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09/01/2015

Winthrop Alumna Awarded American Society of Primatology Grant

Quick Facts

 Frye was one of only five students chosen to receive an American Society of Primatology grant.
 The Saltville, Virginia, earned her M.S. in biology from Winthrop.

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Brett Frye
ROCK HILL, SOUTH CAROLINA – Brett Frye ’12, who earned an M.S. in biology from Winthrop, has received a prestigious research grant from the American Society of Primatologists (ASP).

The $1,250 grant will provide funding for Frye’s doctoral research at Clemson University, where she is pursuing a Ph.D. in biological sciences. Frye was one of only five students chosen to receive an ASP grant, which will fund the use of hormonal analyses for her study. Frye’s research, “Prenatal Androgen Exposure in Captive Female Callitrichine Primates: Immediate and Prolonged Effects of Morphology, Physiology, and Behavior,” focuses on the study of the reproductive biology and behavior of Tamarin monkeys.  

The Saltville, Virginia, native said that she was honored and surprised to receive an ASP grant – the first significant grant to fund her research.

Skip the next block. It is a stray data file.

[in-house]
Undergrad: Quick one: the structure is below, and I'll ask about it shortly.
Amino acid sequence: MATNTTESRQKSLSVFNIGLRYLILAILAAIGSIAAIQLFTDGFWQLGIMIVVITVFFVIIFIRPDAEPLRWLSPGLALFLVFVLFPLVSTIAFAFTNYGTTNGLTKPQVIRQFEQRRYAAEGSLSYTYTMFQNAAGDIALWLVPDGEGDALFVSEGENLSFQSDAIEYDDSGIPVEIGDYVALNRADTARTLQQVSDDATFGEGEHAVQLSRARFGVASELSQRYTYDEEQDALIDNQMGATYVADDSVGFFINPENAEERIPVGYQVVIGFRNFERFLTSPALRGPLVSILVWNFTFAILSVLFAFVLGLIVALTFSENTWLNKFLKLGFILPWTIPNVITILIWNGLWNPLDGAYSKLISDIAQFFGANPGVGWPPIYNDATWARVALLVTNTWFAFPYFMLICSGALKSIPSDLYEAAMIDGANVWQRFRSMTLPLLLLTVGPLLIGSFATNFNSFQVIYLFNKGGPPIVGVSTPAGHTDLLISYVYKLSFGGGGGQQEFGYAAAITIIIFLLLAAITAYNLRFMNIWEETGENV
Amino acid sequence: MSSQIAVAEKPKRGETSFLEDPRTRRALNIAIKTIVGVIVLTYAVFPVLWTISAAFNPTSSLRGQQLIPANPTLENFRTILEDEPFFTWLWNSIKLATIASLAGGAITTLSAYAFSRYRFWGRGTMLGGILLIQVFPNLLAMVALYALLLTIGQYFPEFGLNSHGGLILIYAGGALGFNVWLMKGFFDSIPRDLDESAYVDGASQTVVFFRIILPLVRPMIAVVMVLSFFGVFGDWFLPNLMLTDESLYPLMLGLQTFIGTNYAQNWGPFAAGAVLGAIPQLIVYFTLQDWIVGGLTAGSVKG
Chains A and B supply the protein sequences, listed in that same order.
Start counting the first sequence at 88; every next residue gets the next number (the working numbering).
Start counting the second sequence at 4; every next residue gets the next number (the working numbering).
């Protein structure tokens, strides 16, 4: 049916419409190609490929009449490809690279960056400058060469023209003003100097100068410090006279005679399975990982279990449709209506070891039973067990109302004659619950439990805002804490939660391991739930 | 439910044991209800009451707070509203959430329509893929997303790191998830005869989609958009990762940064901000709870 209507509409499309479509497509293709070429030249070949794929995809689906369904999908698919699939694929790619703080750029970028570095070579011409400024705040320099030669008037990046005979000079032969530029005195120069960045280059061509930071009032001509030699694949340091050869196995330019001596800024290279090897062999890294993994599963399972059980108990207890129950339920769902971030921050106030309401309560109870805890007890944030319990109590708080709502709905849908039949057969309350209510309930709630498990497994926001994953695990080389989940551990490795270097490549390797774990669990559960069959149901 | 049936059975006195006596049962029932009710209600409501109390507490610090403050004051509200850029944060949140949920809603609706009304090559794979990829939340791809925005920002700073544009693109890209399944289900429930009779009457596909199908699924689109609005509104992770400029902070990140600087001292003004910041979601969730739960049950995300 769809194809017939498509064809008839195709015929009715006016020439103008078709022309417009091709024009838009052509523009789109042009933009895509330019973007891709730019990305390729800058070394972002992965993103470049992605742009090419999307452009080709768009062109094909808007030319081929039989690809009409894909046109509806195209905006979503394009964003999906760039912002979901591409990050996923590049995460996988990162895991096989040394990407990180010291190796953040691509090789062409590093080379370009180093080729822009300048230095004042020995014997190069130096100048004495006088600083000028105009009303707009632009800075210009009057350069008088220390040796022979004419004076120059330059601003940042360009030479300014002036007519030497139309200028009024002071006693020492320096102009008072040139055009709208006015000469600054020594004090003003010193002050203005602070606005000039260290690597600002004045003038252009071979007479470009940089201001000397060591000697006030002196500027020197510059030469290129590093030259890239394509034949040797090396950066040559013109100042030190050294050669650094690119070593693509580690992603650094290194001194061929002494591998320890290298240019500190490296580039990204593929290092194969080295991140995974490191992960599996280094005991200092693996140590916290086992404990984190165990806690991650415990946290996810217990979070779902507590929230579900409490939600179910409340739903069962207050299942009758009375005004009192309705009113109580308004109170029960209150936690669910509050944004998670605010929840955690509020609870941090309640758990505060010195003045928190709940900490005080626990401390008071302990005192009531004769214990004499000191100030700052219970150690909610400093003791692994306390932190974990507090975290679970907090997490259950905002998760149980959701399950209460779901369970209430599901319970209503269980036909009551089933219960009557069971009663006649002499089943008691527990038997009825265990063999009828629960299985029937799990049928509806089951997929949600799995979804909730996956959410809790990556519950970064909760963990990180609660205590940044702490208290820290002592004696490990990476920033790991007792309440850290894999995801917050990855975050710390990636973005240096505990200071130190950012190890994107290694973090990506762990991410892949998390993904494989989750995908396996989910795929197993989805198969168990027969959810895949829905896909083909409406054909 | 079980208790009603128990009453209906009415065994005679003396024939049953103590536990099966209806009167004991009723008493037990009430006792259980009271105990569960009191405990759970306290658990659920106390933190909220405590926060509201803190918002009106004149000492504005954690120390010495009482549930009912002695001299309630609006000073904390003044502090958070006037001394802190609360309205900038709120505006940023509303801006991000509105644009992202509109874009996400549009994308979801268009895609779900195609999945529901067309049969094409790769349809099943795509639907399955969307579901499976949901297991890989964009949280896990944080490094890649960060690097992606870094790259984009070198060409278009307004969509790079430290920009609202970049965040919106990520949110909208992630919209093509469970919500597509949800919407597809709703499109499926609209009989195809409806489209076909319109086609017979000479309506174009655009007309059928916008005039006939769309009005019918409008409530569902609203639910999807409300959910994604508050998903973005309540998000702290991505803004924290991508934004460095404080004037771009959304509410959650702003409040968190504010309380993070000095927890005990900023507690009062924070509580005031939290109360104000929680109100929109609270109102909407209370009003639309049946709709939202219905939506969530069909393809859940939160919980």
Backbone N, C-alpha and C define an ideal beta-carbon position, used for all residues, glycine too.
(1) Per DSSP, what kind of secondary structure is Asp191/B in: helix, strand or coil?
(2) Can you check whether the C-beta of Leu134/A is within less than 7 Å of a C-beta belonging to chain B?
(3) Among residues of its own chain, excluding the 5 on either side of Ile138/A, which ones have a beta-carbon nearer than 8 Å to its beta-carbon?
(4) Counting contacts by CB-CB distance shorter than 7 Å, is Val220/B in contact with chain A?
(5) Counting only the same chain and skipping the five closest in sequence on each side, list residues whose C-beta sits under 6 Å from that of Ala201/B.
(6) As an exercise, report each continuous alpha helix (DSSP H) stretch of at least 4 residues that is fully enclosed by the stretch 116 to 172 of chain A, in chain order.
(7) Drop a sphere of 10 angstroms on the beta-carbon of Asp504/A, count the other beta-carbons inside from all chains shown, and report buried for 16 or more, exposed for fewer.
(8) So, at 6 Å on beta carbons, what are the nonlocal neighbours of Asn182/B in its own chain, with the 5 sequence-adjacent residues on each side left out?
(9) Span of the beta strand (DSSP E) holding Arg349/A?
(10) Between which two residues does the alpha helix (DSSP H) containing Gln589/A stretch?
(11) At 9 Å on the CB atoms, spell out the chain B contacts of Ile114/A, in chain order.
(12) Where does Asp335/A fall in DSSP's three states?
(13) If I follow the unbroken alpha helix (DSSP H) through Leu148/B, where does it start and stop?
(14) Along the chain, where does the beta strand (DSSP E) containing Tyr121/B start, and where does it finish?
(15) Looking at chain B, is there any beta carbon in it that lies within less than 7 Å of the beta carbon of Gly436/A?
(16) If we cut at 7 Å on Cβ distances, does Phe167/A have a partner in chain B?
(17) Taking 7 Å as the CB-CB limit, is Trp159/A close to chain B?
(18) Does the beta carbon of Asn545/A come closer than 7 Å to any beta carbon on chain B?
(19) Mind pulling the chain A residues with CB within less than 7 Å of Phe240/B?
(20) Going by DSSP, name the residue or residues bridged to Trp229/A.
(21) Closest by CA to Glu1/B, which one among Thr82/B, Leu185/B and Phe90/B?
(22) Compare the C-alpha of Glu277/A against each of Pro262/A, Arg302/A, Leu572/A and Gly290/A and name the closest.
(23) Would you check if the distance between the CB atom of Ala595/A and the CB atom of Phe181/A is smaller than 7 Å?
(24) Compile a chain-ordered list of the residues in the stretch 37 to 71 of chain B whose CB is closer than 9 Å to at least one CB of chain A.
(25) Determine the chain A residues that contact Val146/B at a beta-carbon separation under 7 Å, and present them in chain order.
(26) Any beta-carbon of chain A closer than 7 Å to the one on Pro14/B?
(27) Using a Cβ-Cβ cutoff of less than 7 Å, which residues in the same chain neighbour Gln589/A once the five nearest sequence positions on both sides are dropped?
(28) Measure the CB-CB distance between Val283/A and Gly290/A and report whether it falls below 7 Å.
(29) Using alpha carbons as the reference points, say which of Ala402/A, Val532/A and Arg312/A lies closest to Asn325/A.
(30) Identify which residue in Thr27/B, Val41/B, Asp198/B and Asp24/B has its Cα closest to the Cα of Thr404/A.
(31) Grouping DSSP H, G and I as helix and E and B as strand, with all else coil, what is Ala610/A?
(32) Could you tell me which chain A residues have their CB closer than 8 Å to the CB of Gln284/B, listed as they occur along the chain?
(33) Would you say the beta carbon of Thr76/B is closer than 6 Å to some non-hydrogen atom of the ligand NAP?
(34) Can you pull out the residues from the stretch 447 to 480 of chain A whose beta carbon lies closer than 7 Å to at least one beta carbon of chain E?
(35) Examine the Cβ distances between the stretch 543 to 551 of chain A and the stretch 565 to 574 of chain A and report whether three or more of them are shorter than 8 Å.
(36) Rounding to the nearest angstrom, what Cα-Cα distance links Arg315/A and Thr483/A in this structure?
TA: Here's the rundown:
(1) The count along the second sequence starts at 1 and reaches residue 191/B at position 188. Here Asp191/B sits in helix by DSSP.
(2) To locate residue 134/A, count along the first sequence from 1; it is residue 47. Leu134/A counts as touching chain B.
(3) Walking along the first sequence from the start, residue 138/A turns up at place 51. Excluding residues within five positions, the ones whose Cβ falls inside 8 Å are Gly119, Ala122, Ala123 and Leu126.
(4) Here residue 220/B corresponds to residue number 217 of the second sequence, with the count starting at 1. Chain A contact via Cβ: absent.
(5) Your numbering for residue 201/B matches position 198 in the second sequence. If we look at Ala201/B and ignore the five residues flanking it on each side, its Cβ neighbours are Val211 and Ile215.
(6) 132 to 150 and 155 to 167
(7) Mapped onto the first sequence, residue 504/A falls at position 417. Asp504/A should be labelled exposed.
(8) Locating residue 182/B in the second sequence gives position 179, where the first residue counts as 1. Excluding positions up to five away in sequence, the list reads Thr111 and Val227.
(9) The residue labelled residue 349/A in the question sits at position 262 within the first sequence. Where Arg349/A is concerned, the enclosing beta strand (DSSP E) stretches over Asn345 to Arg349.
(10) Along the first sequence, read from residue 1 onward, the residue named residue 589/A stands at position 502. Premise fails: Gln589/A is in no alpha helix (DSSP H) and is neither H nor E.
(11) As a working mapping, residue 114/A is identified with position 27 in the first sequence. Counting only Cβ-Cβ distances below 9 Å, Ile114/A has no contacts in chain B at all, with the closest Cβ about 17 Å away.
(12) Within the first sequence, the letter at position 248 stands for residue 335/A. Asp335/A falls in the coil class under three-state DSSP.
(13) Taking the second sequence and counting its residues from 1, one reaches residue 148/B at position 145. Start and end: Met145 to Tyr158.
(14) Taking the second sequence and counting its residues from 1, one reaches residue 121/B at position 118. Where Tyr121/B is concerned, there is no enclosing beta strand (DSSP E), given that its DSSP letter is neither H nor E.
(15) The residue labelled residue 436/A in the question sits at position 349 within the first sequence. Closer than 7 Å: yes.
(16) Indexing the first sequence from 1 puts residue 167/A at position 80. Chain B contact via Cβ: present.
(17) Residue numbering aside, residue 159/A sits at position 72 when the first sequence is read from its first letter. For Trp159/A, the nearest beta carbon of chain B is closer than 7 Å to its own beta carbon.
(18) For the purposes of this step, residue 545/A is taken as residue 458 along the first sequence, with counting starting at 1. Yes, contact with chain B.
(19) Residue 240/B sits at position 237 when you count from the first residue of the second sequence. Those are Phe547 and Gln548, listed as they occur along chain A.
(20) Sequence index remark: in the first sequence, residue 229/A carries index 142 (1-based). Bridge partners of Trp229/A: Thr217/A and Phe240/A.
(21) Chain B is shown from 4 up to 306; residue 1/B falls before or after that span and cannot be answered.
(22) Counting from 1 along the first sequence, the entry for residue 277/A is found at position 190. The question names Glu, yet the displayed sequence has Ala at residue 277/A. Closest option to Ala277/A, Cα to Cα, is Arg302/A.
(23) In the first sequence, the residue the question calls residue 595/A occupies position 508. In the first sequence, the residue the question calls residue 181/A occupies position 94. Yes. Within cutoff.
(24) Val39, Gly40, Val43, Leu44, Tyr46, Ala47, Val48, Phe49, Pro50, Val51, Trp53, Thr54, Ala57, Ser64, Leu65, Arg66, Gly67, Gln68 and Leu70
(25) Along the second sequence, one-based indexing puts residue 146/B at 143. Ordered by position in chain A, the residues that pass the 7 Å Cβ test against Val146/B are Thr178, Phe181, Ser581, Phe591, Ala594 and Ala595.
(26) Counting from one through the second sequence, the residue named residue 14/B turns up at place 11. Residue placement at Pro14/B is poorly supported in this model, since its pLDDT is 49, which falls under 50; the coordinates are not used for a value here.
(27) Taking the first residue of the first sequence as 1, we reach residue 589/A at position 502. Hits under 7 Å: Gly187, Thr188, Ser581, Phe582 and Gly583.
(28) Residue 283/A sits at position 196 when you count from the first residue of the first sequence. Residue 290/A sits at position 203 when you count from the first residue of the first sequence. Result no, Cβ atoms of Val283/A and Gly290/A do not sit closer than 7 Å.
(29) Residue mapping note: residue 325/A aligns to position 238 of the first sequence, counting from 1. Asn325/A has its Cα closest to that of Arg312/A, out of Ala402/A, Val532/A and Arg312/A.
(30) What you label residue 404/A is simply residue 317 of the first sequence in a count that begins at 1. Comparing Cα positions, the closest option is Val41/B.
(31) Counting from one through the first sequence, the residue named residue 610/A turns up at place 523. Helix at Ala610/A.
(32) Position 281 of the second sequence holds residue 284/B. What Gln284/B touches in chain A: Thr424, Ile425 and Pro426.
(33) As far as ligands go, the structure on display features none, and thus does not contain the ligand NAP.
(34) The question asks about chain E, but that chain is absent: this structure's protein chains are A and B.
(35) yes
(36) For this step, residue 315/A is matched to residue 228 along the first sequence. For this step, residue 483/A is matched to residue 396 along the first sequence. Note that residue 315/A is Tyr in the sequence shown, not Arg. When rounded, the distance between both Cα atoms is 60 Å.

“Receiving my first substantial grant from an organization that I hold in exceptionally high esteem is wonderful,” said Frye. “It is an honor that I was able to capture their interest with my project.”

Frye earned B.S. degrees in chemistry and biology at Emory & Henry College in Emory, Virginia. During her time at Winthrop, she was able to gain experience in a research setting as well as develop and design her own project.

Winthrop Biology Professor Janice Chism, one of Frye’s mentors, said the award speaks to the promise of her research.

“Brett has made great connections already with some of the most prominent and well-regarded primatologists who are very excited about the direction of her research,” said Chism. “This is one more piece of evidence that our M.S. program does an excellent job of preparing students to go on to success in their fields of biology.”

Overall, Frye described her Winthrop experience as “invaluable.”

“I was able to develop the skills I need to succeed in this field, and I developed profound relationships that continue to shape me as a scientist and a person,” said Frye.

For more information, contact Meredith Carter, communications coordinator, at 803/323-2236 or email her at carterm@winthrop.edu.

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